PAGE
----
No more hitting it, or even breaking it – let’s shatter it!
I’ve been vocal in urging more women to pursue technology careers and in supporting women as they face challenges moving up the ladder.
HIMSS16 attendees can focus on many topics this year. I will be pursuing my passion for developing the next generation of leaders, especially helping women deal with barriers they face as we try to level the playing field.
I’m happy to be a voice for women – but I’m not alone.
- On Tuesday at 10AM at the HIMSS Spot, the annual #healthITchicks meetup is happening. I’ll be one of the guest speakers along with Rebecca Freeman, Chief Nursing Officer at ONC and Dana Sellers, CEO at Encore. Jennifer Dennard, #healthITchicks founder, organizes monthly TweetChats on a range of topics as well as this annual meetup at HIMSS. Join us for some interesting Q&A and networking!
- On Wednesday at 2PM, I will be one of two female executives speaking at the Views from the Top Session – “Shattering the Glass Ceiling – Lessons Learned for Aspiring Female Executives”. I’ll be joined by Deanna Wise, Chief Information Officer at Dignity Health. Carla Smith, EVP at HIMSS will be the moderator. A similar session last year was a big hit with a large crowd so let’s make this year even bigger and better! Kate Gamble with HealthSystemCIO.com wrote an excellent preview of the session this week.
- And in a two hour closed session on Monday morning, I will be one of six executive women that Carla has pulled together for a Women in HIT roundtable session. More than 900 women responded to a recent HIMSS / Healthcare IT News survey on the women’s professional needs in the health IT field. According to Carla, those responding overwhelmingly wanted more recognition of female leaders, and more gender-focused resources that support networking, mentoring, and educational and career opportunities. She hopes that the roundtable will give HIMSS valuable input towards developing a year-round, comprehensive, and meaningful program to empower women, and to nurture the next generation of women leaders.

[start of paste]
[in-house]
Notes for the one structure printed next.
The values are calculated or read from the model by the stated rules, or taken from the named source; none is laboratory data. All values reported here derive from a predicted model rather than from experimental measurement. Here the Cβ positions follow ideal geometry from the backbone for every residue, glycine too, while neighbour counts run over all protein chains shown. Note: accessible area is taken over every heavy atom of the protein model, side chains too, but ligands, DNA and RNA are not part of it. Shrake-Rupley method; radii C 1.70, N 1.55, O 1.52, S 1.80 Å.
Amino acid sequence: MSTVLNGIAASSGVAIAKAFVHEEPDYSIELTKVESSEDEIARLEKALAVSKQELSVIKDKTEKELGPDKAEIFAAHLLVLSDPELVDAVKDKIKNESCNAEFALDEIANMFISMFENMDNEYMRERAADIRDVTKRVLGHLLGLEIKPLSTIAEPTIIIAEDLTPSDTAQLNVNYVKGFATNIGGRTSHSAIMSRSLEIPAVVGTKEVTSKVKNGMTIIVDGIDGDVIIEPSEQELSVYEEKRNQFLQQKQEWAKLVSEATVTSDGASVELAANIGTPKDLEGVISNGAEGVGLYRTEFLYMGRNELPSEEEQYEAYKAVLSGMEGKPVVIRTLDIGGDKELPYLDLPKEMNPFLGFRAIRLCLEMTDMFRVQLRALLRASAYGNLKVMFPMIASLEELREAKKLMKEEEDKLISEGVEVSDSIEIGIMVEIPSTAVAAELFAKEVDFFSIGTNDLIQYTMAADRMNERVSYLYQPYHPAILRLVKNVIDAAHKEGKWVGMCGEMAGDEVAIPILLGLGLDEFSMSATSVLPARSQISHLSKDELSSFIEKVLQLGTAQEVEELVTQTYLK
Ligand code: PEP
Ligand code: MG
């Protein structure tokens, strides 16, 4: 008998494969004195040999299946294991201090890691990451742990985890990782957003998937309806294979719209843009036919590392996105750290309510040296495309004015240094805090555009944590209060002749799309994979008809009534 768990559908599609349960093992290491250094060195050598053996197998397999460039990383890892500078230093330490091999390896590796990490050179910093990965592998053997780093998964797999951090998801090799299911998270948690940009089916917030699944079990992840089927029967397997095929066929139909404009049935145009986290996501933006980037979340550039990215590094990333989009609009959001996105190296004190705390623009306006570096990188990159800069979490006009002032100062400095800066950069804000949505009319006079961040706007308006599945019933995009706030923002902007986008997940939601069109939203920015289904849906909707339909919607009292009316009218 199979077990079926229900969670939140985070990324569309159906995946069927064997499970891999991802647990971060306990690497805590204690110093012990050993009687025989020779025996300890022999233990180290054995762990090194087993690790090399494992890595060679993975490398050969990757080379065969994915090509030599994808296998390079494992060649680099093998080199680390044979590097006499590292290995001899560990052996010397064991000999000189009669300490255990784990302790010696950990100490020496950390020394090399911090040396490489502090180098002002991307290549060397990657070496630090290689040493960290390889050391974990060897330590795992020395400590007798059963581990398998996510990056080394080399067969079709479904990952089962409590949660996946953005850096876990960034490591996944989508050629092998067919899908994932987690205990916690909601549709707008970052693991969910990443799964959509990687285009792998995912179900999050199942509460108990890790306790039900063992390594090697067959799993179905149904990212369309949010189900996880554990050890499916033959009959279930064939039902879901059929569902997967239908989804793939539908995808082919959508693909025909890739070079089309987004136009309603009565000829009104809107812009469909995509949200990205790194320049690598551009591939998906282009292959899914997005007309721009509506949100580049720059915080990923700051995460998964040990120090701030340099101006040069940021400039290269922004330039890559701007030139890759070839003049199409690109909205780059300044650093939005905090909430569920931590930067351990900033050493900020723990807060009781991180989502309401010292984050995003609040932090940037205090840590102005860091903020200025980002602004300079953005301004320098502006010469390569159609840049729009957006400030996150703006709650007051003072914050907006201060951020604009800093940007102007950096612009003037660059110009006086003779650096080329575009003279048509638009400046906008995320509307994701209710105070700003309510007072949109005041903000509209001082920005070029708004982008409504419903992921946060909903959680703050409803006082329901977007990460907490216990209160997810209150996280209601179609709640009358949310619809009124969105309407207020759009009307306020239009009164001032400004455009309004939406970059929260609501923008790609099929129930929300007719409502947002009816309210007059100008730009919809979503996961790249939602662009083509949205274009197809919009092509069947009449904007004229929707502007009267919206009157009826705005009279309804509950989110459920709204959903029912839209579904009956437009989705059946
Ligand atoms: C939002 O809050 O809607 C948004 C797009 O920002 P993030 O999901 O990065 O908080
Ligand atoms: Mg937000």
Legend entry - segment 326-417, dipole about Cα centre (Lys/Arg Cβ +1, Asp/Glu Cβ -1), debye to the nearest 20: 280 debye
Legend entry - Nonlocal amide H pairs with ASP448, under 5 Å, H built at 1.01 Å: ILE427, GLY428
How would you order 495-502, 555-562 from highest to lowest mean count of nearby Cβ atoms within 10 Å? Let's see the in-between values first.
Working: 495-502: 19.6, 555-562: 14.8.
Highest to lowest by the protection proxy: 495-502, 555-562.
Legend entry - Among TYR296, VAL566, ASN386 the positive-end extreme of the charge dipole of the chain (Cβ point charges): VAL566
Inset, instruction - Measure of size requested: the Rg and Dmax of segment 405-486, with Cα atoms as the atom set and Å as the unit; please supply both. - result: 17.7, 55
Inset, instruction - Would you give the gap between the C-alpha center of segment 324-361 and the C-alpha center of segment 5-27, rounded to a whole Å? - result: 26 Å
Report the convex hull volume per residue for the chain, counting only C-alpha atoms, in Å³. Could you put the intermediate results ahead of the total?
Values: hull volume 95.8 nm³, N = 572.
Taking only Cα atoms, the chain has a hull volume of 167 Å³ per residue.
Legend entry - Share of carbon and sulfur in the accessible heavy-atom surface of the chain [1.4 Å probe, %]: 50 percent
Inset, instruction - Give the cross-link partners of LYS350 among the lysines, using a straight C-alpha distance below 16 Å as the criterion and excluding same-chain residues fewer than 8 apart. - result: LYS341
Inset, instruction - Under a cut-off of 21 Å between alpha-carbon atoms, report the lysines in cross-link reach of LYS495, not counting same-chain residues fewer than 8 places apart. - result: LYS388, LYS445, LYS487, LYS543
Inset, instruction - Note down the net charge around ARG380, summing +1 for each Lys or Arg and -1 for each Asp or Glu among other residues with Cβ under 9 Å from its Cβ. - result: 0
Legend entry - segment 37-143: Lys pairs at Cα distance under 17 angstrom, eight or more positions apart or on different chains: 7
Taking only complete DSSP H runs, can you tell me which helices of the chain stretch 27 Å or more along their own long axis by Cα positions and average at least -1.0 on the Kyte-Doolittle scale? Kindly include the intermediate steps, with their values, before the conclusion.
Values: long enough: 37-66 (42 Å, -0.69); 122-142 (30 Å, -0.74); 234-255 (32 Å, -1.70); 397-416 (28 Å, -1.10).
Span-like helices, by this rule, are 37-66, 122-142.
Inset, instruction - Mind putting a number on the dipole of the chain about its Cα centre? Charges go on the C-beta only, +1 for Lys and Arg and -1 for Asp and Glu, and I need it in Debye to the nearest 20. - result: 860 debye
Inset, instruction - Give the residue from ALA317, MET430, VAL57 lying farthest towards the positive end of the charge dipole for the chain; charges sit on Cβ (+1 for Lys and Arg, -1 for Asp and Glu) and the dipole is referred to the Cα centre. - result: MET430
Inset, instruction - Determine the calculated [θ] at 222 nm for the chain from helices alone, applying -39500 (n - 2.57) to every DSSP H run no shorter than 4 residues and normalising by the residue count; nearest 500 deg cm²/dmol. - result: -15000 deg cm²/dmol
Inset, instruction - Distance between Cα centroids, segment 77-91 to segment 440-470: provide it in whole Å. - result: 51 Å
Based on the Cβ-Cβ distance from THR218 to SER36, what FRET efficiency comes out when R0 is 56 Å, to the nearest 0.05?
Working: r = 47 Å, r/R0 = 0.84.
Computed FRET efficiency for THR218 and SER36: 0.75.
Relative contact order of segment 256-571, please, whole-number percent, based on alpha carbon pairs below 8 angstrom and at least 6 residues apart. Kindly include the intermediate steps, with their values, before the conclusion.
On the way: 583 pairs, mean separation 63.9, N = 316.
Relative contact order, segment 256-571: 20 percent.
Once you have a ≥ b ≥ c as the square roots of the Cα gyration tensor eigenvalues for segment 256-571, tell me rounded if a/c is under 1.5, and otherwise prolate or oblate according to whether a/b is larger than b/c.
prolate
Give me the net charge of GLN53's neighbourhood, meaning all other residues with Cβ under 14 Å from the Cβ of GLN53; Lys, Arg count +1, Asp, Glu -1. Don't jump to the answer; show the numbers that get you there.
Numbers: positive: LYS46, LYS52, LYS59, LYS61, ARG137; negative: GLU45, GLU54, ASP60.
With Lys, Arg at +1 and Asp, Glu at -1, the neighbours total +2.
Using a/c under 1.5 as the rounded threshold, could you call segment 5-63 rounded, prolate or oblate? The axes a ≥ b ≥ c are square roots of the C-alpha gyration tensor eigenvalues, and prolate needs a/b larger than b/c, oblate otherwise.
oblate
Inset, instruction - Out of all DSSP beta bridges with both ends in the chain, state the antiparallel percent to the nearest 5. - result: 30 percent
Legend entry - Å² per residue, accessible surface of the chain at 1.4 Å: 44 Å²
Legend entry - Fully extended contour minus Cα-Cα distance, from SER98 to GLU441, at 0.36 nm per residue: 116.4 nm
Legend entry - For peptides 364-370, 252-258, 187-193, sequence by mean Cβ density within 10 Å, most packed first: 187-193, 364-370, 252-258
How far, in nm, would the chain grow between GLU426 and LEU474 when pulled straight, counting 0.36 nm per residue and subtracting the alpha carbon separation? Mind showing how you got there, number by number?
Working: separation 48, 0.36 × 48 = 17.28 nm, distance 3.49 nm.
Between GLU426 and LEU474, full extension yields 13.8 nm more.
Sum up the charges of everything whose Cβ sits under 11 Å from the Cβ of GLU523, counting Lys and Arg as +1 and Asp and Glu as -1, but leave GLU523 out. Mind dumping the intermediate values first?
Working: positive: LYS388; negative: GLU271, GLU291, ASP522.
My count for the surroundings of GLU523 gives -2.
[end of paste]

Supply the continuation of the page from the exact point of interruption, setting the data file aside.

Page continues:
One of the latest social media campaigns is raising awareness about engineering fields not being just for men. If you haven’t seen it, let me explain. A 22 year old woman, Isis Anchalee, was part of an ad campaign for her San Francisco based company, OneLogin.
Isis Anchalee started #ILookLikeAnEngineer in response to social media commenters that claimed she did not look the part.
Some people did not believe she was an engineer when they saw the ads. And so the negative and sexist comments began. Ms. Anchalee chose the high road and started a social media campaign with hashtag #ILookLikeAnEngineer. Within hours, tens of thousands of women in engineering jobs had posted their own picture with the hashtag.
With the very divisive language currently dominating the presidential campaign including negative comments aimed at women, what should we as leaders be doing? As always, we should be promoting diversity, common decency, and respectfulness in all our language, behaviors, and practices. We should expect nothing less from each other as people. Continue reading
How often have you heard that leaders have to “walk the talk”? But how often has a leader you admire disappointed you with either their comments or behavior? We ask ourselves “what were they thinking”?
Being a positive role model and leading by example is something I take very seriously – in both my professional and personal life.
I am deeply touched by the congratulatory notes and kind words I’ve received this week after it was announced that CHIME and HIMSS selected me to receive the John E. Gall, Jr. CIO of the Year Award.
Awards like this don’t happen for CIOs without great teams. I’m extremely grateful for all the talented and dedicated IT teams I’ve worked with over the years. Special thanks to my MCIT team at Michigan for the excellent work they do every day!
This award is named in honor of John E. Gall, Jr. who Continue reading
I just had the joy of taking care of my 20 month old granddaughter for two days. Her day care center was closed this week so my husband and I flew out to LA to have some fun and help out.
It reminded me how hard it can be to balance a career and a young family. Parents take turns getting ready for work while watching small children. Getting kids out of the house with all their necessary supplies can be an organization challenge in itself. One parent does the drop off and the other may handle the pickup. Figuring out who has to be at work by when and who gets done in time is the family dance. If there are long commutes, multiply the challenges and logistics. And then there’s the home front again after a long day – Continue reading